It is a violation of academic integrity to deny others access to scholarly resources, or to deliberately impede the progress of another student or scholar. Examples of offenses of this type include: giving other students false or misleading information; making library material unavailable to others by stealing or defacing books or journals, or by deliberately misplacing or destroying reserve materials; or altering computer files that belong to another. It is also a violation to damage another person's academic work or property. 

Violation of Research or Professional Ethics

Violations in this category include both violations of the code of ethics specific to a particular profession ad violations of more generally applicable ethical requirements for the acquisition, analysis, and reporting of research data and the preparation and submission of scholarly work for publication. Some examples are:

  • Violating a canon of the ethical or professional code of the profession for which a student is preparing
  • Using unethical or improper means of acquiring, analyzing, or reporting data in a senior thesis project, a master's or doctoral research project, grant-funded research, or research submitted for publication
  • Misuse of grant or institutional funds
  • Violating professional ethics in performing one's duties as a Teaching Assistant or Graduate Assistant

Dartmouth College's Procedure for Handling Academic Misconduct

Dartmouth follows consistent procedures for academic integrity. These procedures are outlined in the Student Conduct Policies and Procedures handbook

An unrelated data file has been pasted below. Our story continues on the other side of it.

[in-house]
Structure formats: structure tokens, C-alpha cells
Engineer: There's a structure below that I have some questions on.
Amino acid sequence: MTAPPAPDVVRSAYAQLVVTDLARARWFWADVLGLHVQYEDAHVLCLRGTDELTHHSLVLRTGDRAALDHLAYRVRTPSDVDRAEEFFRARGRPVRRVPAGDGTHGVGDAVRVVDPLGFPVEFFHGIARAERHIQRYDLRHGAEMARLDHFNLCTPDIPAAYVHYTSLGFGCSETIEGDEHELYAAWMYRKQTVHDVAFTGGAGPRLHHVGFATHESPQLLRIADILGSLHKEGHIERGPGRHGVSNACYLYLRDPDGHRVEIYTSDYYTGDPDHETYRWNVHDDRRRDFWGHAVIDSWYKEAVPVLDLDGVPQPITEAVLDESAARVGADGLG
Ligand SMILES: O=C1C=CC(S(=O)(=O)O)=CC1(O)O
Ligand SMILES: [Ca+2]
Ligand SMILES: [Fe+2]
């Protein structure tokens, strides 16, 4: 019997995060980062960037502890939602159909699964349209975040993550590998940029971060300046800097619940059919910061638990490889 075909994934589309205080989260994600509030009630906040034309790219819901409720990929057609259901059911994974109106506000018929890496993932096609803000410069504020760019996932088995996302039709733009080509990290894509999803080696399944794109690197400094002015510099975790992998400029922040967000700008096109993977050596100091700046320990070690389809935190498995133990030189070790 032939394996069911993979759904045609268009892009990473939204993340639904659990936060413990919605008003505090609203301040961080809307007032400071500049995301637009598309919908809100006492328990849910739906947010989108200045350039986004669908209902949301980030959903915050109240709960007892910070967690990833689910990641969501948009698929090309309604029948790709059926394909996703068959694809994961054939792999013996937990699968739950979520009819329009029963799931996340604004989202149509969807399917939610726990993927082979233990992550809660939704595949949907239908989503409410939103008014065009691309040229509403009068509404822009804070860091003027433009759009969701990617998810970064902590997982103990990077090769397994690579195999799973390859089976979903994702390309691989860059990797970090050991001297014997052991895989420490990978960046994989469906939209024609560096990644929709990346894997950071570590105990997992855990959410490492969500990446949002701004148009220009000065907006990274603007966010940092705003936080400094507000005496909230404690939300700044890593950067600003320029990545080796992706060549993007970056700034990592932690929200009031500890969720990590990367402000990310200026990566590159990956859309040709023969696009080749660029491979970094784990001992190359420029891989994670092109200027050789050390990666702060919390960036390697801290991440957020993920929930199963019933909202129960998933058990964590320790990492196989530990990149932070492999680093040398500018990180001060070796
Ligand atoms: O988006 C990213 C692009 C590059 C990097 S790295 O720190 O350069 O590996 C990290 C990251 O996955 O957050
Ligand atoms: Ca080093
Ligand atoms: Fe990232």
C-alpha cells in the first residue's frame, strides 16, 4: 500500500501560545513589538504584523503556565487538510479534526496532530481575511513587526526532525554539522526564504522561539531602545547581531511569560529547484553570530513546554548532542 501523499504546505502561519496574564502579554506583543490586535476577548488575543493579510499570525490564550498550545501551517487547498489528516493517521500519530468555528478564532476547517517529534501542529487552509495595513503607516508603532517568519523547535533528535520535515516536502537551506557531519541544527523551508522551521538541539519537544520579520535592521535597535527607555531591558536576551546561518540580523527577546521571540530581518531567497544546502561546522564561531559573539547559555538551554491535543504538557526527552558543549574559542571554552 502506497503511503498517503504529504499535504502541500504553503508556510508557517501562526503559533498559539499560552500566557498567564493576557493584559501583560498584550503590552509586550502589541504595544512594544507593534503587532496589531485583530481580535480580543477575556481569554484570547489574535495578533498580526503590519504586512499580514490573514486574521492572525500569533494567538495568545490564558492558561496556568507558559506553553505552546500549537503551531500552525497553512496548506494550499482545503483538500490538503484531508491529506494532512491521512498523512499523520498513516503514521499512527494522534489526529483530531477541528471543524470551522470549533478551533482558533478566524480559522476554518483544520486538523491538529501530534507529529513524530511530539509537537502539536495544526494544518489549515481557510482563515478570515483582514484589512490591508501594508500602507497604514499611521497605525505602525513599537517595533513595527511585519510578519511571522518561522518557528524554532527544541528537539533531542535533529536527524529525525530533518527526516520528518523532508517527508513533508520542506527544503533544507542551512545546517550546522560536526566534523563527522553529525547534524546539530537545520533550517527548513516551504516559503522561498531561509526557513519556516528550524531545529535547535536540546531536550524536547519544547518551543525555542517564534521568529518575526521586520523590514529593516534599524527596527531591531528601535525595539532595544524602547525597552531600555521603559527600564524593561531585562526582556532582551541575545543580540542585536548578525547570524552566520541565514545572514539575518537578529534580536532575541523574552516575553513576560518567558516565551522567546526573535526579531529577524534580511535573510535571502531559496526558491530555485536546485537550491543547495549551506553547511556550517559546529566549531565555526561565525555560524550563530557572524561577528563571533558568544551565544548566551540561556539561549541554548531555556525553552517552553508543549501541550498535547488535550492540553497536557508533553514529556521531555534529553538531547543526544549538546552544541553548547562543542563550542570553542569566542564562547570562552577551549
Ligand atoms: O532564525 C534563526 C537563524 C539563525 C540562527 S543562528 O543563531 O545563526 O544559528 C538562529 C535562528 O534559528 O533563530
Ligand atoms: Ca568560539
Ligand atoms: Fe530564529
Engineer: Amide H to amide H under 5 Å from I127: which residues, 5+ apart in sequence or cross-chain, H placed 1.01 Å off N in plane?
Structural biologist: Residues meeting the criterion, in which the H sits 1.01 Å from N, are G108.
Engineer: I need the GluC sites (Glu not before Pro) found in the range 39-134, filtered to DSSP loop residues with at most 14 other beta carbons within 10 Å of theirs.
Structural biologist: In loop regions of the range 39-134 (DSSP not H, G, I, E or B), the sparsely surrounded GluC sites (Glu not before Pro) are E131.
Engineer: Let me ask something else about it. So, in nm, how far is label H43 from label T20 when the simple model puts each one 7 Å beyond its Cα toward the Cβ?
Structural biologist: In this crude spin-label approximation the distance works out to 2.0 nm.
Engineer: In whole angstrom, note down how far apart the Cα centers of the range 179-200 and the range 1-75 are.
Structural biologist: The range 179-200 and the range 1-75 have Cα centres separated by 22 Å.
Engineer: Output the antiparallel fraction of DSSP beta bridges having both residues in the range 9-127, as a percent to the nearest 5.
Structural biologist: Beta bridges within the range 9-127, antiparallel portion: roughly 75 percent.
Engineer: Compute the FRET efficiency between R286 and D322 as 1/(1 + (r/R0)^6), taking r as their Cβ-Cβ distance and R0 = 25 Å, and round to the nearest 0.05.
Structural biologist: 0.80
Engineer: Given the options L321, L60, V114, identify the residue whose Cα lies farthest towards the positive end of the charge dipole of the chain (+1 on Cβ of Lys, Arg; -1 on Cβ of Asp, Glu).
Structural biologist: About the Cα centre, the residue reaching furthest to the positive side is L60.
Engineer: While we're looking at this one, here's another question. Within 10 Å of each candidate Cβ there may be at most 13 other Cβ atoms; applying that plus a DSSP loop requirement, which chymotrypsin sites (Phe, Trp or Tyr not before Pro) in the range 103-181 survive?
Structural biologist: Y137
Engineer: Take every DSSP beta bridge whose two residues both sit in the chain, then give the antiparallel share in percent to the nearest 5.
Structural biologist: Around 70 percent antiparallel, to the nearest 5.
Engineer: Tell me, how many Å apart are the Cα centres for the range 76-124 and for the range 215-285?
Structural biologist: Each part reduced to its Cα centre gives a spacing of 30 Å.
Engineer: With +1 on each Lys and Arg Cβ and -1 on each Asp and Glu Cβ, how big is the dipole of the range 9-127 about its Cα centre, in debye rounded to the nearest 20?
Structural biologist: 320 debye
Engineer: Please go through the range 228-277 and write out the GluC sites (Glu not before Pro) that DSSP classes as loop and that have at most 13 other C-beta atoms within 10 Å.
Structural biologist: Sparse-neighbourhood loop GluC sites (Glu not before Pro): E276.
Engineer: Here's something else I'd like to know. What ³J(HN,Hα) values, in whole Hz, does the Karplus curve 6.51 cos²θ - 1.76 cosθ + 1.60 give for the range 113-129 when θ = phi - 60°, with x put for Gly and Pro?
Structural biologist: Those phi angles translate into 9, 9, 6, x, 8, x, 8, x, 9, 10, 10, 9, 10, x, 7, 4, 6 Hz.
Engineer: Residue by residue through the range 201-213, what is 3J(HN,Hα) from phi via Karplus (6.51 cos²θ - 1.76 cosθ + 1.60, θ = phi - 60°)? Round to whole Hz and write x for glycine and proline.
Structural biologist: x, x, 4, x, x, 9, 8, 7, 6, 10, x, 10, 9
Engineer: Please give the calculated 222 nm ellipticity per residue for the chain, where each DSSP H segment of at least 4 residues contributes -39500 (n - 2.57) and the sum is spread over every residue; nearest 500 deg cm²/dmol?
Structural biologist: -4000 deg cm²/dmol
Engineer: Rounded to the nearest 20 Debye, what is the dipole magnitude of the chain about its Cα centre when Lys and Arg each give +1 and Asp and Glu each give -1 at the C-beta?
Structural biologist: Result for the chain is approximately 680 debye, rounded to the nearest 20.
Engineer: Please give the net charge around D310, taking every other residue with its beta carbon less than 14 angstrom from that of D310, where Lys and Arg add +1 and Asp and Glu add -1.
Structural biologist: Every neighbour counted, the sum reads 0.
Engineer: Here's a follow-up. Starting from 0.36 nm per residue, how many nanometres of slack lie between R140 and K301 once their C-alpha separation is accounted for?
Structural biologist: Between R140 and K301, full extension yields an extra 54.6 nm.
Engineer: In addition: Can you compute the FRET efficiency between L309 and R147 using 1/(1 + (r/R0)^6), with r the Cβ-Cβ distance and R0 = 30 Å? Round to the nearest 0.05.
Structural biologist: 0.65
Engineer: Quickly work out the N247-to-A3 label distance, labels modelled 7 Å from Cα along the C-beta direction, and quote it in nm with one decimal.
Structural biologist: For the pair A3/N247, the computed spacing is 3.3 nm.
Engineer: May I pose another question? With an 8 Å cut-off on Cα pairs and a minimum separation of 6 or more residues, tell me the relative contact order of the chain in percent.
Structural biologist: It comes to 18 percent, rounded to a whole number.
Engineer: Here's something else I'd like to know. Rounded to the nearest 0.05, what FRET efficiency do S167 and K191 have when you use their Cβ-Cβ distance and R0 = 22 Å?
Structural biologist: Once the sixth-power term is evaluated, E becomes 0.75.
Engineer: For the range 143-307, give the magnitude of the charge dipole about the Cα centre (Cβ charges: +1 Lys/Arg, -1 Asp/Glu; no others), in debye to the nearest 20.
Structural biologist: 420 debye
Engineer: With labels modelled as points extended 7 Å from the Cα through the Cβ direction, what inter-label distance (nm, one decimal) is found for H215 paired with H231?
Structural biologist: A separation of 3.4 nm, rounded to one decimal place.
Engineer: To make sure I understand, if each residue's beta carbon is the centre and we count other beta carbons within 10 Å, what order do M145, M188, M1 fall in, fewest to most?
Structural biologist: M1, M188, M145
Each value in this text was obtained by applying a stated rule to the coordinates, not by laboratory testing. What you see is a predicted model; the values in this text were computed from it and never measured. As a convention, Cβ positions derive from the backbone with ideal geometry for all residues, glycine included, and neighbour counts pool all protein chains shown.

Reporting Alleged Violations

Any violation of academic honesty is a serious offense and is therefore subject to an appropriate penalty. Faculty may address instances of student academic dishonesty under their authority to evaluate and assign grades, even if the consequences exceed those written below. They may also refer the incident for further action, utilizing University Student Conduct procedures that can document possible repeat offenders and adjust consequences accordingly.

Investigation Guidelines and Procedures

A trained investigator is assigned by the Director of Student Conduct and Dispute Resolution or designee. The investigator will make all reasonable attempts to gather all relevant information to determine whether or not the Code of Conduct was violated using the preponderance of evidence standard. 

The investigation's report and any written responses will be reviewed within five business days by an Administrative Review Panel consisting of one faculty/staff and two students who trained to review Student Conduct findings. 

Appeal

An accused student found responsible by an Administrative Review Panel may submit an appeal, in writing, via the link provided in the Decision Letter or by a letter sent to the Office of Student Conduct and Dispute Resolution. The written appeal must state the grounds upon which the appeal is based. Students are not able to appeal a decision if they fall into one of the following categories: (1) failed to participate in the investigation and has been issued at a decision in absentia; (2) accepted responsibility and reached an agreement at his/her Conduct Conference; or was issued a warning as a sanction. 

Academic Integrity Attorney

An academic misconduct violation can jeopardize the academic and professional goals you or your college student have set. If you value the investment you've made into your education and your professional future, contacting a skilled student defense attorney is a must. Attorney Joseph D. Lento has helped students who've acquired serious academic misconduct charges recover from these allegations, and he can do the same for you. Contact him today at 888-535-3686 for more information.

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If you, or your student, are facing any kind of disciplinary action, or other negative academic sanction, and are having feelings of uncertainty and anxiety for what the future may hold, contact our offices today, and let us help secure your academic career.